By Junior Burke

Gibson House Press


286pp/$16.99/May 2020

The Cold Last Swim
Cover by Karen Sheets de Garcia

Reviewed by Steven H Silver

There is an enduring mystique surrounding the actor James Dean due to his death at the age of twenty-four after starring in only two movies (with a third released posthumously). Jack Dann explored what Dean would have done if he had survived the car crash in Salinas on September 30, 1955 in his novel The Rebel, but Junior Burke offers an alternative version of a world in which Dean survives in The Cold Last Swim. Interestingly Ronald Reagan plays a major role in both novels.

Burke's novel, both in narrative and inception, begins with Dean and Reagan co-starring in an episode of General Electric Theater on December 12, 1954. Reagan was the host of the show, and often appeared in the short dramas he presented. Dean had appeared on the show once before, about a month earlier. For this episode, called "The Dark, Dark Hours," Dean's character pulls a gun on Reagan's character. In Burke's novel, in the interest of being as real as possible, Dean uses a real gun, and shoots Reagan, possibly accidently, possible intentionally. Facing a trial for attempted murder, Dean's career appears to go into a tailspin.

Despite much of Hollywood turning its back on Dean in the wake of the shooting, he does still hold an allure for many and he has his supporters, including the director Nick Ray, who still wants to make Rebel without a Cause with Dean, "Specs" Pelham, an up-and-coming music producer and composer, and Jill Parnell, the young groupie who can't see past Dean's bad-boy image. As the novel progresses, Burke focuses on Dean's attempts to get his life back on track. What Dean discovers, however, is that his past is always chasing him and the decisions he made during one short period of his life will continue to haunt him no matter how far he tries to run. At the same time, Dean's decisions prove destructive for many of those who come into his circle.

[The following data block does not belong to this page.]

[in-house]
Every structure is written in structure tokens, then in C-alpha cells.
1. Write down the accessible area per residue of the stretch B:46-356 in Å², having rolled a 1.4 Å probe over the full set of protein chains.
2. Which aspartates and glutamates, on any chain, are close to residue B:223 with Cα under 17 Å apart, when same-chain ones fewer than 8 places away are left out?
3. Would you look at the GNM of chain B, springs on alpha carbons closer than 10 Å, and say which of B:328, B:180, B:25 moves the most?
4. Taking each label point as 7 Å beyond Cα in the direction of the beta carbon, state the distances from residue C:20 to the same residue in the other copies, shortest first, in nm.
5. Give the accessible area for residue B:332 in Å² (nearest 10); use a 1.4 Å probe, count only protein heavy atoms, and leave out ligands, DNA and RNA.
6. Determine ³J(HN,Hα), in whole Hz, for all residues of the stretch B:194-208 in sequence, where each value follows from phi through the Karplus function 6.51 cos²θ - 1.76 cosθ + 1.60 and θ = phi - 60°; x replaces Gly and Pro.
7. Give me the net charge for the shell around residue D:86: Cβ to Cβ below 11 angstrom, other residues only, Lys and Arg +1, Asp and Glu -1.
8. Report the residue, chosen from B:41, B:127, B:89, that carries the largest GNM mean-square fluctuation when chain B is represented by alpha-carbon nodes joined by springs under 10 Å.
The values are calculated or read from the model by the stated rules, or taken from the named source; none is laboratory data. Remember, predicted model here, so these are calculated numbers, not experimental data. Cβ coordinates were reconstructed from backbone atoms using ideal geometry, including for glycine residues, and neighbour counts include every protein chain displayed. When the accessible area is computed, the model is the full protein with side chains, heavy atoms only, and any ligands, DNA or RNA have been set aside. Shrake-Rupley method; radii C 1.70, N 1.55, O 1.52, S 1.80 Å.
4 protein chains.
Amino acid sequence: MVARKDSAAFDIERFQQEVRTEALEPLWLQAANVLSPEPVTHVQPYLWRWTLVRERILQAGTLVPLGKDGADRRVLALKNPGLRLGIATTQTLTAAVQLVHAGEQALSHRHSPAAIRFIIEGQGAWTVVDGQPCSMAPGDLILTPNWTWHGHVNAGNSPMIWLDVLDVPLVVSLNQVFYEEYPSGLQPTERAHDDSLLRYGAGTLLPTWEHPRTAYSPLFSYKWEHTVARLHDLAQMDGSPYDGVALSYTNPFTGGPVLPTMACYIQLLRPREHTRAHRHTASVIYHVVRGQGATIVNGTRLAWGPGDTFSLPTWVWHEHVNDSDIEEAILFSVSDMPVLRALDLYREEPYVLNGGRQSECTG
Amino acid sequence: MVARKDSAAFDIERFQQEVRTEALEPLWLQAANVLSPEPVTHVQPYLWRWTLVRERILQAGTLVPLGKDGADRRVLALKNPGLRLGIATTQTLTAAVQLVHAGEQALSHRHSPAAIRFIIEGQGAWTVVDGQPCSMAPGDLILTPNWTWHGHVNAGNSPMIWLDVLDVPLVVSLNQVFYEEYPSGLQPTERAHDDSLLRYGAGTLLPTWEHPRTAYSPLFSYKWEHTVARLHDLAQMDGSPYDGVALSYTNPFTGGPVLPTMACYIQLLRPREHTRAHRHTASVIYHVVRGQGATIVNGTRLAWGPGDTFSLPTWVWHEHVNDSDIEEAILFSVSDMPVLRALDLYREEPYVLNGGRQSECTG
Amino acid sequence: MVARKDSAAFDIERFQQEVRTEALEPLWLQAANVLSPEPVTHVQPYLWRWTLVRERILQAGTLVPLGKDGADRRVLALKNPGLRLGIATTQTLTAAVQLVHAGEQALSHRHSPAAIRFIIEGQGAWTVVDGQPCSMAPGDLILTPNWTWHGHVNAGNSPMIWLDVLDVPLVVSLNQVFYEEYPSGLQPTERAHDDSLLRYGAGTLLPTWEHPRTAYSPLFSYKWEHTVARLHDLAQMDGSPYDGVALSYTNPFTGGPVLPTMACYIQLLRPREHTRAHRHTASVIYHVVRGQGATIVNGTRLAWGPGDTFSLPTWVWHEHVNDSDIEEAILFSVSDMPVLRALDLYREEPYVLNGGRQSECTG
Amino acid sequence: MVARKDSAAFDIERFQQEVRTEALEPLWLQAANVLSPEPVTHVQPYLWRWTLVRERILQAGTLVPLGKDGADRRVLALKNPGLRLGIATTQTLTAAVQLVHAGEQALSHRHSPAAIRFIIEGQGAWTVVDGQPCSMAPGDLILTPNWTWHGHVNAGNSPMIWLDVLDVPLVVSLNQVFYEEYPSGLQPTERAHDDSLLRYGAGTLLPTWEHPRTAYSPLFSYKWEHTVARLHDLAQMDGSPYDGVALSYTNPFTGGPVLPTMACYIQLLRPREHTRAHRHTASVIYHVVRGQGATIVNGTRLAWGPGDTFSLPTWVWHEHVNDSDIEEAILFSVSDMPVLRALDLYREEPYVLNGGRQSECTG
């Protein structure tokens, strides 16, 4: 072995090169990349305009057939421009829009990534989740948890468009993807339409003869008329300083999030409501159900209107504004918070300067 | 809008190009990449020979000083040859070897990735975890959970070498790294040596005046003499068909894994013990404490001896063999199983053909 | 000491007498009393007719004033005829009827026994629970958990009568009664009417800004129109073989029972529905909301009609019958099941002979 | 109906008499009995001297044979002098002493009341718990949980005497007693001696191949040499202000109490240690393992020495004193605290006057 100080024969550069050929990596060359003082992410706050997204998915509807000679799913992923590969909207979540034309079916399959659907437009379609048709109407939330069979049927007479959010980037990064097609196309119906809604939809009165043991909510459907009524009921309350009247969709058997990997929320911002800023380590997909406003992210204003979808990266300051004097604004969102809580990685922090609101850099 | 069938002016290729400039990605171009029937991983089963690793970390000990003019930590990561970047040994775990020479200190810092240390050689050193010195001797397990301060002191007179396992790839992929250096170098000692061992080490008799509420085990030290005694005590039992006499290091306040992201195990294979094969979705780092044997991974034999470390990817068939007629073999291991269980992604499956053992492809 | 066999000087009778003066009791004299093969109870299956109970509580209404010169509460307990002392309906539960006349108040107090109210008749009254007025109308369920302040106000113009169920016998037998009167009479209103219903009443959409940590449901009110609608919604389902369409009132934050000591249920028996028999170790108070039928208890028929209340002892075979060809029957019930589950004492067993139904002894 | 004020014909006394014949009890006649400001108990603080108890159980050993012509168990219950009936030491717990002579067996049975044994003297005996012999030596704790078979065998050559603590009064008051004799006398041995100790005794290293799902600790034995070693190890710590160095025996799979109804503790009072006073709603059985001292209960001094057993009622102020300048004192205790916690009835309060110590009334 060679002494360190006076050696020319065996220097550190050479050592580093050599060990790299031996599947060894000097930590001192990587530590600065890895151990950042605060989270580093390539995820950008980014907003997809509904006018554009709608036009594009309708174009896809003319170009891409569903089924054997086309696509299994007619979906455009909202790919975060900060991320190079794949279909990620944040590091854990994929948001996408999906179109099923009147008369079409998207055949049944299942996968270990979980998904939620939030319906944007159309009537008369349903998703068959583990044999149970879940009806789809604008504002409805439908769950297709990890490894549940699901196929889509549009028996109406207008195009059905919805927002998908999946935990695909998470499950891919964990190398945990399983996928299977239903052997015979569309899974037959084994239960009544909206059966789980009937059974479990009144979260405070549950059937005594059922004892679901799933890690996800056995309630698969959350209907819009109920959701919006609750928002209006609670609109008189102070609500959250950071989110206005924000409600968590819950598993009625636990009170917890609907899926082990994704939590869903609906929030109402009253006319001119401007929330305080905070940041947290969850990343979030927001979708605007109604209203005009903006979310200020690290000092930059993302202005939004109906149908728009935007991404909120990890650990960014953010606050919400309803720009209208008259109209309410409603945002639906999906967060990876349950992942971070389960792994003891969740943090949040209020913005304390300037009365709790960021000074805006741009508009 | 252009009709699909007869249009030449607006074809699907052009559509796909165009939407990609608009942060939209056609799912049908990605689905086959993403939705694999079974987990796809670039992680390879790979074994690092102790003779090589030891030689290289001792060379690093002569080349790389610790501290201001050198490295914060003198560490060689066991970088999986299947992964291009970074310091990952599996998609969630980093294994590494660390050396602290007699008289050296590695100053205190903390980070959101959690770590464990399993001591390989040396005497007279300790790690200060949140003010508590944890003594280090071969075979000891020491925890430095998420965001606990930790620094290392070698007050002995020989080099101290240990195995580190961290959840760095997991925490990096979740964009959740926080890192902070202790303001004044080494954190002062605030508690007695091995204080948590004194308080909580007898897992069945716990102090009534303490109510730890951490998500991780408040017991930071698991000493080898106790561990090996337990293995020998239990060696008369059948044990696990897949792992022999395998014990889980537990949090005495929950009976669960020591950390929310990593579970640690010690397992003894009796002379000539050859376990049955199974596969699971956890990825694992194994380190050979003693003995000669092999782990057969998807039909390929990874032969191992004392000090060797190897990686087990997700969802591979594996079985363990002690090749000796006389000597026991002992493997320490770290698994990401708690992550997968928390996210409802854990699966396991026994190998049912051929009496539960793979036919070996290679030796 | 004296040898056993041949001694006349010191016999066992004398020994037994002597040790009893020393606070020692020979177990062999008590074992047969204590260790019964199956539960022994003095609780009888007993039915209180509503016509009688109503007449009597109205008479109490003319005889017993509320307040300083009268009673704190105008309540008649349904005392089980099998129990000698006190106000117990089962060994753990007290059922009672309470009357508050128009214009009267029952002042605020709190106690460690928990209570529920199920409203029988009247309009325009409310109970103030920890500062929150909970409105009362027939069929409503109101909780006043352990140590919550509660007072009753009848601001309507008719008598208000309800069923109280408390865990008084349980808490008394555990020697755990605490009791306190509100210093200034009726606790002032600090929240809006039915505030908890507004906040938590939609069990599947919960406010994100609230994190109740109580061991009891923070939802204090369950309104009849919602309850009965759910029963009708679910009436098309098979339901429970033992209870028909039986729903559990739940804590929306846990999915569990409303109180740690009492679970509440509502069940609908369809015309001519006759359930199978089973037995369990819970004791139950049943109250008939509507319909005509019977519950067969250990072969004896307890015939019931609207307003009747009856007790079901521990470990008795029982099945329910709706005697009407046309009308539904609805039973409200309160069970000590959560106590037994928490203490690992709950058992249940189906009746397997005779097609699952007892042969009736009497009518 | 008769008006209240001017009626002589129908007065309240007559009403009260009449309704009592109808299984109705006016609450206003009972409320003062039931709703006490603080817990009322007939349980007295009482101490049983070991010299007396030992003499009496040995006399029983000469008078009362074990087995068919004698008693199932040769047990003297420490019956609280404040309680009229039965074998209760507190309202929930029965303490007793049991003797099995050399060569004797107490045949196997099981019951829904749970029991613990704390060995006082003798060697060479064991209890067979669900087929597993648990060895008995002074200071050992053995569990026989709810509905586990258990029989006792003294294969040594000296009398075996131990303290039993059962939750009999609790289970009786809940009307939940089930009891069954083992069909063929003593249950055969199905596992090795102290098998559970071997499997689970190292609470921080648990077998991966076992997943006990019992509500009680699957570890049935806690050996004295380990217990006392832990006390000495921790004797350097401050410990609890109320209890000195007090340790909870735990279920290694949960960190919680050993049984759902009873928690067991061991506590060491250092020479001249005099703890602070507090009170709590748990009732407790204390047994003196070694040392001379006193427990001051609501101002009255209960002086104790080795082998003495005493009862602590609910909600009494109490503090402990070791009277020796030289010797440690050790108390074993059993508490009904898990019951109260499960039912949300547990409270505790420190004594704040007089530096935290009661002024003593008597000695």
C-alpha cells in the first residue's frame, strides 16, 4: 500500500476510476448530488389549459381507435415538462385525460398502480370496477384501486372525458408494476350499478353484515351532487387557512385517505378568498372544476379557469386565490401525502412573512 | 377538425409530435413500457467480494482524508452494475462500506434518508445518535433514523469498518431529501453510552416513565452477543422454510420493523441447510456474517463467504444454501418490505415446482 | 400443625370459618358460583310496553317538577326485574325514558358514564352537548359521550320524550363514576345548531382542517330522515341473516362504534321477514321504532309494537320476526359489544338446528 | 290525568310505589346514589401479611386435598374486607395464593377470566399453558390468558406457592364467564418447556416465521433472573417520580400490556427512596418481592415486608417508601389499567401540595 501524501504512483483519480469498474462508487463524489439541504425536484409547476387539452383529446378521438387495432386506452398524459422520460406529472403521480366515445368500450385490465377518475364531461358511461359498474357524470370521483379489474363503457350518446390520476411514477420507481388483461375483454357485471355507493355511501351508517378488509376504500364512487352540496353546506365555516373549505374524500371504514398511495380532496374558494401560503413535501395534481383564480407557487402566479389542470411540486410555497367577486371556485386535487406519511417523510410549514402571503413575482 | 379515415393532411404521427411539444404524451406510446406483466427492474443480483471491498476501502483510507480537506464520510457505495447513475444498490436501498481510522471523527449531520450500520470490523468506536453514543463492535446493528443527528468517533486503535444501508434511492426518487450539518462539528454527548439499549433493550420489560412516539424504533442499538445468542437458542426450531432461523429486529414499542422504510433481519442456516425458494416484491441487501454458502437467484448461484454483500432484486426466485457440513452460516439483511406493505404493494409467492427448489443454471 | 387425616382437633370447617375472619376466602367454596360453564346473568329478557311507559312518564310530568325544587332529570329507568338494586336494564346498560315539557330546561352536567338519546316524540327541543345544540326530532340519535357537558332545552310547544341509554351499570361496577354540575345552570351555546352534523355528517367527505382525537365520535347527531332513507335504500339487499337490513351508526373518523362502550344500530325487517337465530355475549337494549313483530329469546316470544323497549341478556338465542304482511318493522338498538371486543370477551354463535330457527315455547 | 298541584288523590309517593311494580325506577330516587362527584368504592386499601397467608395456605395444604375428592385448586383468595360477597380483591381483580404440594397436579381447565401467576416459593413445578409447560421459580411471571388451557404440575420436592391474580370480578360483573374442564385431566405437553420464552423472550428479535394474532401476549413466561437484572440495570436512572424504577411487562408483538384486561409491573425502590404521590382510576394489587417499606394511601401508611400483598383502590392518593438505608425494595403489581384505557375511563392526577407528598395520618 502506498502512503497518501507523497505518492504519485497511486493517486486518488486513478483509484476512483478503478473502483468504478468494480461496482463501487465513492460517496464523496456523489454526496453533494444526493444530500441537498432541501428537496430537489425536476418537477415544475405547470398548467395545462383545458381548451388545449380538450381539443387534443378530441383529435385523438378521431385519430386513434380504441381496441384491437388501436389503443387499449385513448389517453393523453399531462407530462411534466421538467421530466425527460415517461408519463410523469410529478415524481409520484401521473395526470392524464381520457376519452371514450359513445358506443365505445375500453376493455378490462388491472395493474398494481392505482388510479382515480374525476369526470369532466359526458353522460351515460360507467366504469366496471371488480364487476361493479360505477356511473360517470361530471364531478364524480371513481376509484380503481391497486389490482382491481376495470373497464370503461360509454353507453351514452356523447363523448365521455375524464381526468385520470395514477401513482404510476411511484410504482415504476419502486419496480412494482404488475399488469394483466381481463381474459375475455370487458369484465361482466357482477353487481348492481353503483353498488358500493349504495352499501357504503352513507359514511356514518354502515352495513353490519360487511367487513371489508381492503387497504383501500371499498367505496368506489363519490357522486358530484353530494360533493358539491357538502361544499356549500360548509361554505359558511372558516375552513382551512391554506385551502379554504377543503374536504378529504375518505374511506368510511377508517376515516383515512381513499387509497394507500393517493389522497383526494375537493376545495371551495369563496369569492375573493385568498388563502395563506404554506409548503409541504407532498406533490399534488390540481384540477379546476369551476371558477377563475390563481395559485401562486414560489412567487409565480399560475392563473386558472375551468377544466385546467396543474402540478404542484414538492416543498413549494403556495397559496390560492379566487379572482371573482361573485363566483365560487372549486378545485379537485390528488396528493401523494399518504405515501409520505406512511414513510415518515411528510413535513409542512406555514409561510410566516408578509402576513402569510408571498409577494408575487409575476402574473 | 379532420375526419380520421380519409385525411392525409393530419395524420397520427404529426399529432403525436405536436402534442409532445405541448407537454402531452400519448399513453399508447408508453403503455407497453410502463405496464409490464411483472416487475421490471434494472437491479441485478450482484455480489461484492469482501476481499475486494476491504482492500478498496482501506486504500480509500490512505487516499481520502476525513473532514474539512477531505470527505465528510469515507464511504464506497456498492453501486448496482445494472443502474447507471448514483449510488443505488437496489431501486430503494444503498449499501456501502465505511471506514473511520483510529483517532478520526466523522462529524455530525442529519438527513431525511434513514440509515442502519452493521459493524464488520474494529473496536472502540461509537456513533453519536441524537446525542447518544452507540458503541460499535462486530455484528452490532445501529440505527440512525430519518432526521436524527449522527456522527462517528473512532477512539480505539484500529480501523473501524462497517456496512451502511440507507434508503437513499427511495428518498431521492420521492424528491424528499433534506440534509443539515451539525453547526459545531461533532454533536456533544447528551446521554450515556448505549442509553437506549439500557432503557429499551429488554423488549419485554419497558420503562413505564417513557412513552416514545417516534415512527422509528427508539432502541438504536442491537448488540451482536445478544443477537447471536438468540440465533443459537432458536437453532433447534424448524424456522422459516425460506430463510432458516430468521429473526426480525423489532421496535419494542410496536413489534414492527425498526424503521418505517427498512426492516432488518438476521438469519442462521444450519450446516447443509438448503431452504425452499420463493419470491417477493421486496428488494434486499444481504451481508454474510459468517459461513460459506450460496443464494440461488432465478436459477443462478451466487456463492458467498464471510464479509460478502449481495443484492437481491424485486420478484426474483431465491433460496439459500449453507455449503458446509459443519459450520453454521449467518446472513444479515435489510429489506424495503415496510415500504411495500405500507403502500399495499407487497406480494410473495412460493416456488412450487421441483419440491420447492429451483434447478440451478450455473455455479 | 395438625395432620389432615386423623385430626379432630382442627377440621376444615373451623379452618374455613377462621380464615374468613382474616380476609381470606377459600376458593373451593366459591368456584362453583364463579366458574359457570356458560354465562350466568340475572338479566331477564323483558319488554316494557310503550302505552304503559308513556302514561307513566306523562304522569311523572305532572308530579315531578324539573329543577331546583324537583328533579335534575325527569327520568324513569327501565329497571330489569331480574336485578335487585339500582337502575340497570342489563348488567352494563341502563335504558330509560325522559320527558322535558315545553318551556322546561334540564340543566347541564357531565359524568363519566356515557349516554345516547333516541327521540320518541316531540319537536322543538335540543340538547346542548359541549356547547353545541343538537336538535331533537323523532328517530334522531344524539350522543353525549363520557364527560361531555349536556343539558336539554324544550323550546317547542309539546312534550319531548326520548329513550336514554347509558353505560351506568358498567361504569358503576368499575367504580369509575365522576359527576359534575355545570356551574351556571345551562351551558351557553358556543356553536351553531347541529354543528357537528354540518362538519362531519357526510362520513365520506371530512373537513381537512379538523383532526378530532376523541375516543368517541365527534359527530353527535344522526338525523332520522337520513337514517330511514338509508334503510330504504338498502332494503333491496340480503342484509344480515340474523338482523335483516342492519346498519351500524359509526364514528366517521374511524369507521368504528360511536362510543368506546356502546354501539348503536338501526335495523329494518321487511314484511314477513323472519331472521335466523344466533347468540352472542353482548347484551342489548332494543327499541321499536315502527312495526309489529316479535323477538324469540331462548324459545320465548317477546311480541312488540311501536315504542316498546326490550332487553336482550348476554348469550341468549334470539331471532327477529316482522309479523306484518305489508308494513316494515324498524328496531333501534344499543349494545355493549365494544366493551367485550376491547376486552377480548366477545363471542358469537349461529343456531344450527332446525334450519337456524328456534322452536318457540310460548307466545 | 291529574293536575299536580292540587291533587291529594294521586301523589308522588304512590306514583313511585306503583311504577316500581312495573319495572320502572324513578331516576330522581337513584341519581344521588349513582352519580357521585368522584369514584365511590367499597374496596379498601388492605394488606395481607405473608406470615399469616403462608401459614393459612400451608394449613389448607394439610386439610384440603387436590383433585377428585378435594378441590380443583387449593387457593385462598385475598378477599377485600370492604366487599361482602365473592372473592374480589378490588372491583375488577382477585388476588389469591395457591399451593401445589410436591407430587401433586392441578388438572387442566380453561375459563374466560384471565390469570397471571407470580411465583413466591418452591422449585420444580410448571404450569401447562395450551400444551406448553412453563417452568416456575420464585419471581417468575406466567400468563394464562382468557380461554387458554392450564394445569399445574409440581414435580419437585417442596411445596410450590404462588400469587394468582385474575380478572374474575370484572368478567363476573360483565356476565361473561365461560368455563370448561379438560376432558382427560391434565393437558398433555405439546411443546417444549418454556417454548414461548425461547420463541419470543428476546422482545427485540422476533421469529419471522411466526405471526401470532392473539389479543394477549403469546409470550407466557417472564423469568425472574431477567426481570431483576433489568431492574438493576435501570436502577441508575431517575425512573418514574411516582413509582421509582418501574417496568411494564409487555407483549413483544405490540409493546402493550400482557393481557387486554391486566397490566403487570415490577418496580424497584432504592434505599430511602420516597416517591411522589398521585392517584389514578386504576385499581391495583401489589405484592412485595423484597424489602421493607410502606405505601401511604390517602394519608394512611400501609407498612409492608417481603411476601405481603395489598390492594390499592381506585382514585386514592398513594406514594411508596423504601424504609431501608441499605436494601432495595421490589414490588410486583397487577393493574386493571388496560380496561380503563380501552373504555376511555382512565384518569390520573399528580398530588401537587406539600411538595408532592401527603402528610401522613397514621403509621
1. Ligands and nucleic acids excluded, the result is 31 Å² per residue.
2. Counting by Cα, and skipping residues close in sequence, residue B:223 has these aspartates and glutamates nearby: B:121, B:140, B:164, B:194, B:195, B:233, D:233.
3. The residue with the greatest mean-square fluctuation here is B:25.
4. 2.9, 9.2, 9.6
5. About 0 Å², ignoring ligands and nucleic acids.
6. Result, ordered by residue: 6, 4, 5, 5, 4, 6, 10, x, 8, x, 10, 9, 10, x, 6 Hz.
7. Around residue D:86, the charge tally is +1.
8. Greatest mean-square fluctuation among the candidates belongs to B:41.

Burke's version of Dean left behind the same two films, East of Eden and Rebel without a Cause that had been released at the time of the historical Dean's death, although our world's posthumous Giant doesn't exist in this timeline. Dean's reputation as an actor was built on those two films, but the shooting of Reagan, which Burke uses to launch the actor on a political career, tempers Dean's reputation. With that shooting hanging over his head, Dean tries to find a new place for himself in the world, building on his past relationships even while cutting himself off from them.

The Cole Last Swim is less a rumination on fame, although that does exist in the novel, but more a look at how individuals are shaped not only by their own choices, but by the choices made by those around them. At the same time, there is no denying that some people have a larger influence on others. Dean's influence on Jill, Specs, and others who he has come into contact with is undeniable, partly caused by his fame, but also by his powers of persuasion and force of personality. In turn, Dean is influenced by others, whether it is the journalist Garland Alpert, who took an instant dislike to Dean and viewed him as a phony, or Pelham, who Dean thought he could use, but whose own decisions would come back to haunt Dean.

One of the interesting features of The Cold Last Swim is that for all Burke examines Dean's life and discusses Dean's influence on people, it is all taken as a given. Burke does not try to explain the immense place Dean has in our culture, not only for people who were alive when his films came out or have become fans of his films, but for the countless others for whom James Dean represents an ideal or a concept, even if they've never seen East of Eden, Rebel without a Cause, or Giant.

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